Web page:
In his analysis, Humbird projected that the cultivated meat sector could grow to a global production of 100 kilotons, roughly equivalent to plant-based meat alternative production in 2020. Even with the economy of scale at this size, Humbird found that a facility which produced 6.8 kilotons of cultured meat each year would, with 20,000 litre reactors, achieve production costs of around US$17 per pound of meat, while relying on smaller, medium-efficient perfusion reactors would result in a cost of more than US$23 per pound. And this is production cost before any additional overheads, and markups for sale. Not to mention that the final product would be a slurry equivalent to the kind used for nuggets or hot dogs, and not similar in appearance to a cut of meat.

Failed launches in plant based

Another side of the problem comes down to consumer acceptance and marketing. While plant-based foods have found a niche in appealing to those consumers who choose not to eat animal proteins (Statista’s report on diets and nutrition in the U.S. in 2022 found that 5% of U.S. citizens are vegetarian and 0.5% are vegan), cultivated meat will have to directly compete for shelf space and consumer attention both with traditionally-produced meat products and plant-based alternatives such as Beyond Meat and Impossible, which have marketed their way into the meat aisles of supermarkets.

A hybrid option is unlikely to succeed in any goal except muddying the waters – and we’ve already seen food industry giant Tyson Foods fail in its attempt at combining meat and plant-based products, pulling its “Raised and Rooted” line after a short stint on shelves in 2019 – so consumers would likely be faced with a purely lab-grown meat product in the shop. Unfortunately, recent studies including one from Daniel L Rosenfeld and A Janet Tomiyama titled “Would you eat a burger made in a petri dish? Why people feel disgusted by cultured meat” found that consumers might not jump to accept cultivated alternatives.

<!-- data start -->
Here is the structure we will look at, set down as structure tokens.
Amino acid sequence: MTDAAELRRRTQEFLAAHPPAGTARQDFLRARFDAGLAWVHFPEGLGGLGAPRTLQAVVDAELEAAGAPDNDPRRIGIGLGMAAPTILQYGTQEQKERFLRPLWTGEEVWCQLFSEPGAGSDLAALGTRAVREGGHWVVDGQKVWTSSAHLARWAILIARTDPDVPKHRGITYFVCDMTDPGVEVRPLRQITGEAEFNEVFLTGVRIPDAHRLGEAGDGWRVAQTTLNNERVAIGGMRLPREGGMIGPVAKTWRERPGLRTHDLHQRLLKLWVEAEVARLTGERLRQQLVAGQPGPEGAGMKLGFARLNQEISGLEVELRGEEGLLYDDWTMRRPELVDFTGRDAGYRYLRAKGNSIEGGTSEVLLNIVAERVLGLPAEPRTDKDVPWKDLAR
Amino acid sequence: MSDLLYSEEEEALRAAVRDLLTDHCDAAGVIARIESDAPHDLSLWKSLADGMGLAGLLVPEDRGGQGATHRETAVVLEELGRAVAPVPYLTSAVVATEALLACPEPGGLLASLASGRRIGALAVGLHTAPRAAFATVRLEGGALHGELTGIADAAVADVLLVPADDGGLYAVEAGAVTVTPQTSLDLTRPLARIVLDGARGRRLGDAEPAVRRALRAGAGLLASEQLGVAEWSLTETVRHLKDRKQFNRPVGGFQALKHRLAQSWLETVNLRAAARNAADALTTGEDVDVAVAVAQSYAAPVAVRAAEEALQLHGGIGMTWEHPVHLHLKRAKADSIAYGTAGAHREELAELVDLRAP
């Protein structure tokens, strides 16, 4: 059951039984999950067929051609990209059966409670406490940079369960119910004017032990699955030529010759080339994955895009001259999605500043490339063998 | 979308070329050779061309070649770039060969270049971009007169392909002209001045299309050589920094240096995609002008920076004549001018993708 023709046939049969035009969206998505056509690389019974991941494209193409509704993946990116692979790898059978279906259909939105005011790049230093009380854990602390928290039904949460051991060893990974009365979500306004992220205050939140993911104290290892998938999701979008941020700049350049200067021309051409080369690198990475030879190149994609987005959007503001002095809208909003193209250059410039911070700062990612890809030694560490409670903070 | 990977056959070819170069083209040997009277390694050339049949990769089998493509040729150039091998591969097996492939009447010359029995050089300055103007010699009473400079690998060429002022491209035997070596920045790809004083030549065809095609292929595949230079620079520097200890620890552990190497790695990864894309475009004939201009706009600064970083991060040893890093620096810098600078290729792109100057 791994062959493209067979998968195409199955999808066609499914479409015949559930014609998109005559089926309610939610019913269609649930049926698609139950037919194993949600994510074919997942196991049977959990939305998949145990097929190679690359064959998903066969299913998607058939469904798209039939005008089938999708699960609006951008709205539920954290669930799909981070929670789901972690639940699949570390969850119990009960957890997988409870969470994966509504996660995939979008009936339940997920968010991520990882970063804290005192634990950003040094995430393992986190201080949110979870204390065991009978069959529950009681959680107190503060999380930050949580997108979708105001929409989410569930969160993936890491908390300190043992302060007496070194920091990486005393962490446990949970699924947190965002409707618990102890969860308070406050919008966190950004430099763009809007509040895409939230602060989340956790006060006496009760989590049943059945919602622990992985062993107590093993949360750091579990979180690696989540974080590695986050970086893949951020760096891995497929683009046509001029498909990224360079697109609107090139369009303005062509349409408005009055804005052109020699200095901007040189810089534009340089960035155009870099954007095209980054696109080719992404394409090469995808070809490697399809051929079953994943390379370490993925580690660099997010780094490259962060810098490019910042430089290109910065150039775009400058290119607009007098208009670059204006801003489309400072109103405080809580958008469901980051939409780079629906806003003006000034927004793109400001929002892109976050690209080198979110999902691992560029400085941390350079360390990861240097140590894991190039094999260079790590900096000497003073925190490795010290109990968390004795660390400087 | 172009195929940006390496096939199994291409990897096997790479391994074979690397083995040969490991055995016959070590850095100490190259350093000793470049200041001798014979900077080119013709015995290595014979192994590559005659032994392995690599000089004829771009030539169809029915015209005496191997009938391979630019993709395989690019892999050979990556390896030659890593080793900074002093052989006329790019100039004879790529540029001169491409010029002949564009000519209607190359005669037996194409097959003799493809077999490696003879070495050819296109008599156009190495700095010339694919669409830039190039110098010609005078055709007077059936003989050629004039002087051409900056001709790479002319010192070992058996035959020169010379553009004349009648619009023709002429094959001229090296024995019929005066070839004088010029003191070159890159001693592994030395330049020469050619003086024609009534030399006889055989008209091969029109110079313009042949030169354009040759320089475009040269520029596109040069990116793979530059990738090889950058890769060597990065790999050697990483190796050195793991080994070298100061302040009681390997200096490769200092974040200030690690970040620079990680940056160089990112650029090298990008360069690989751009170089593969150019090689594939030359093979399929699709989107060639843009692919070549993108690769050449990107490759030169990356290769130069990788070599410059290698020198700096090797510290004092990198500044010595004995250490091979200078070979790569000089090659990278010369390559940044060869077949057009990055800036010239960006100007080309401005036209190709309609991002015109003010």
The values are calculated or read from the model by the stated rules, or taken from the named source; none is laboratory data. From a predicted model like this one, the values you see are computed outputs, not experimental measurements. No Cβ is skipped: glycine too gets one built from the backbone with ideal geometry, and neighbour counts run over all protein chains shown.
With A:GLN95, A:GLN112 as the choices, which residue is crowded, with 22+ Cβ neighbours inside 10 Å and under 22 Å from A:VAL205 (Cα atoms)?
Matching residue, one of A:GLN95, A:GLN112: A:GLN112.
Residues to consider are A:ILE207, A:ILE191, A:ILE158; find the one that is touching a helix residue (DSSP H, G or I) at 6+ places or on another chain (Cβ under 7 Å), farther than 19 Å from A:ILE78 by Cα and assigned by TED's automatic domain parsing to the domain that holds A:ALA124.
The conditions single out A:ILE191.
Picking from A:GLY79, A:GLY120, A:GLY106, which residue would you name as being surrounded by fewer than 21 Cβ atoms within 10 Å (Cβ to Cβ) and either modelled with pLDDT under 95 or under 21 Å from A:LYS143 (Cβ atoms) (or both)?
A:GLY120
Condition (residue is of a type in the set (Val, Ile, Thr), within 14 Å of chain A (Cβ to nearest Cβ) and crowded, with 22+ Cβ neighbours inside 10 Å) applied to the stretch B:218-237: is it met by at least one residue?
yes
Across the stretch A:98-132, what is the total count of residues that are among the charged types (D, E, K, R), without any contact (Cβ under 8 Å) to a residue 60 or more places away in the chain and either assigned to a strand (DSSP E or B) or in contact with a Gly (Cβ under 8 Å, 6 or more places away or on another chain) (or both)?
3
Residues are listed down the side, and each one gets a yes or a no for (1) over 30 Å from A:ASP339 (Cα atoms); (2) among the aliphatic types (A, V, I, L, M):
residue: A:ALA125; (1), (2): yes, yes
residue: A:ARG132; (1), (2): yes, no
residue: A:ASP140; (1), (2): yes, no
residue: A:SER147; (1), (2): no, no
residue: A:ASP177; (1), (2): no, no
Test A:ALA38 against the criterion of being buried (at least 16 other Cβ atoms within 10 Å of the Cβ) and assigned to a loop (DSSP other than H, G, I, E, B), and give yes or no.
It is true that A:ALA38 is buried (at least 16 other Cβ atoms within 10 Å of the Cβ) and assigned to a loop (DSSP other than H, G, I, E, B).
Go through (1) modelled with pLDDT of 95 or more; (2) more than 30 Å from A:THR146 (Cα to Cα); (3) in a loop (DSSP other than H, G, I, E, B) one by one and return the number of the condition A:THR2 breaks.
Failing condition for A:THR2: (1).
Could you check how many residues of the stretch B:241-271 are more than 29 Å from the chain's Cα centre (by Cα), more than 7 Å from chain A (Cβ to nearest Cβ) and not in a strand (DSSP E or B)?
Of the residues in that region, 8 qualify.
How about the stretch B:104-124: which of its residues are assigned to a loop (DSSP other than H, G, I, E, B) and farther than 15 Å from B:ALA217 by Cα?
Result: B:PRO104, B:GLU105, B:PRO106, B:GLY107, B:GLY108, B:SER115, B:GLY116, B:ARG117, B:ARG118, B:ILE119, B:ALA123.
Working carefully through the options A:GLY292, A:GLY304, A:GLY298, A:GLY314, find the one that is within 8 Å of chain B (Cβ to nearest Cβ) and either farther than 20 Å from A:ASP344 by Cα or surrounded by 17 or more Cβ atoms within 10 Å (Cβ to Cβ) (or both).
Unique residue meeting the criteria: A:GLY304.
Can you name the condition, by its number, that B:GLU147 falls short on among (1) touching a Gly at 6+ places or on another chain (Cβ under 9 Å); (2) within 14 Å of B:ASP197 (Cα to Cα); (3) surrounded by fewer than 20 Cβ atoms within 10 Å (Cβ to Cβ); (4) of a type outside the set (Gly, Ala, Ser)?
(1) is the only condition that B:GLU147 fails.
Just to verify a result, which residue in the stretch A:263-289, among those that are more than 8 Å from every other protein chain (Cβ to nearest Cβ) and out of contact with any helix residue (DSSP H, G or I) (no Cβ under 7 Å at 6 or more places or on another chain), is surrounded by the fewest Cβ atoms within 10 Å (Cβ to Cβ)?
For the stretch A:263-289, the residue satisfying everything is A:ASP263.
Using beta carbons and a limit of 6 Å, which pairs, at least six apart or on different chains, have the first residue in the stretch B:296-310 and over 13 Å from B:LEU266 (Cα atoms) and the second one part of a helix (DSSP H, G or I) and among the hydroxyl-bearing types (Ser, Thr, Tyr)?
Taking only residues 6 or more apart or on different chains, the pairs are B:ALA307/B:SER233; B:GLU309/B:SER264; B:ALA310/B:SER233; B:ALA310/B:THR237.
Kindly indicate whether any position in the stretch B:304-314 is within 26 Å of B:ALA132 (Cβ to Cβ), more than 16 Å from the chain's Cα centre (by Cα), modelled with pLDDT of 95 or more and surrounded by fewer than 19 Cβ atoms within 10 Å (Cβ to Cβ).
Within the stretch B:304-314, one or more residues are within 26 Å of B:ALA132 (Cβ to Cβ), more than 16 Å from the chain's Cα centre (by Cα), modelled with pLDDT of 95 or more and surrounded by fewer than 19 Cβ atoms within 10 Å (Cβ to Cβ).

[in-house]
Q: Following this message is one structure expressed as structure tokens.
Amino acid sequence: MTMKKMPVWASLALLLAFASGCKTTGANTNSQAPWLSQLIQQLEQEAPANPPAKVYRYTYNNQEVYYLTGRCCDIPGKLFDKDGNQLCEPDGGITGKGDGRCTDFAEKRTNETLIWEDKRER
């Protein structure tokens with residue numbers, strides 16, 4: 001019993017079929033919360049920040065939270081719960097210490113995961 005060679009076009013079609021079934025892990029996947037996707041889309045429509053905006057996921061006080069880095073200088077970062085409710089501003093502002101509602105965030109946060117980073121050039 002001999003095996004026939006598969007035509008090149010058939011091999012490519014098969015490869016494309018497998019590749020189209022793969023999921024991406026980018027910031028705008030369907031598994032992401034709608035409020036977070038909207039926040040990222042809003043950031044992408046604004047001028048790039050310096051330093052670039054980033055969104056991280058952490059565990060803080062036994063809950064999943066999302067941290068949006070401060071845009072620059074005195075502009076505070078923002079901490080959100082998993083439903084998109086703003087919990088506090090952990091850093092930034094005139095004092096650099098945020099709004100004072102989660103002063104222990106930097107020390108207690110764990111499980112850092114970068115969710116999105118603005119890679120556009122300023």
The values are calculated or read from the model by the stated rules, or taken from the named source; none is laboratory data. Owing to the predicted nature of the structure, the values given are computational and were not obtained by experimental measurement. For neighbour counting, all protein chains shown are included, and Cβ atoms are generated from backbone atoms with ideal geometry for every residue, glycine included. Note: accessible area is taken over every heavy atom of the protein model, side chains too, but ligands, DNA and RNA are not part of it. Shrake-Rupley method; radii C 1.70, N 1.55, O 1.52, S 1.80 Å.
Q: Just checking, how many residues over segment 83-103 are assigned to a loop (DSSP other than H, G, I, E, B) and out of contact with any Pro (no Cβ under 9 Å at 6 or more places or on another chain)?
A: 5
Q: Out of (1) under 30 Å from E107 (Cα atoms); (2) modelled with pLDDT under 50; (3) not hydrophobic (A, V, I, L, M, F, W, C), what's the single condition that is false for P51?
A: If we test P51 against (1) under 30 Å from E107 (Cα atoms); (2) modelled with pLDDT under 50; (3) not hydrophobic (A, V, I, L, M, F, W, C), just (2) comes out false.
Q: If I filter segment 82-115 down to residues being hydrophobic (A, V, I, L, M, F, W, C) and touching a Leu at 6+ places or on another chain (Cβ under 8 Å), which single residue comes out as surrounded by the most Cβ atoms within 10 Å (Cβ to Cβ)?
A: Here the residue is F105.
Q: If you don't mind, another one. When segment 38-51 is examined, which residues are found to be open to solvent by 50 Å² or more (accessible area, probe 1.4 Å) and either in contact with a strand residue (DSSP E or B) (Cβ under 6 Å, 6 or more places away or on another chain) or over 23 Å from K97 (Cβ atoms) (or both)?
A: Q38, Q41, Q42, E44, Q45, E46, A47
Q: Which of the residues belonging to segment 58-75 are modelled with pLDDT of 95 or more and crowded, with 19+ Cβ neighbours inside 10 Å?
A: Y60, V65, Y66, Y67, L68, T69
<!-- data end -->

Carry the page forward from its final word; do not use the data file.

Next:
The study discovered that: “An estimated 35% of meat-eaters and 55% of vegetarians felt too disgusted by cultured meat to try eating it. Perceiving cultured meat as unnatural predicted more disgust among both vegetarians and meat-eaters. Meanwhile, perceiving cultured meat as resembling animal flesh predicted less disgust among meat-eaters but more disgust among vegetarians. Experimentally framing cultured meat as resembling animal flesh decreased disgust among meat-eaters but not among vegetarians.”

With the leather industry feeling pressured by biomaterials, thanks to the arbitrary marketing decisions of a few major brands, it is tempting to look at the food industry and see the same issue arising and worry for the fate of the raw material itself. However, it’s plain to see that not only will it take an exceedingly long time for meat alternatives or cultivated animal protein to develop, but there may be a hard ceiling for that development. As much as the minority may wish it to be the case, and as compelling as the arguments for animal welfare, the environment and health might appear in the right light to the right audience, naturally-produced meat and leather are going nowhere soon.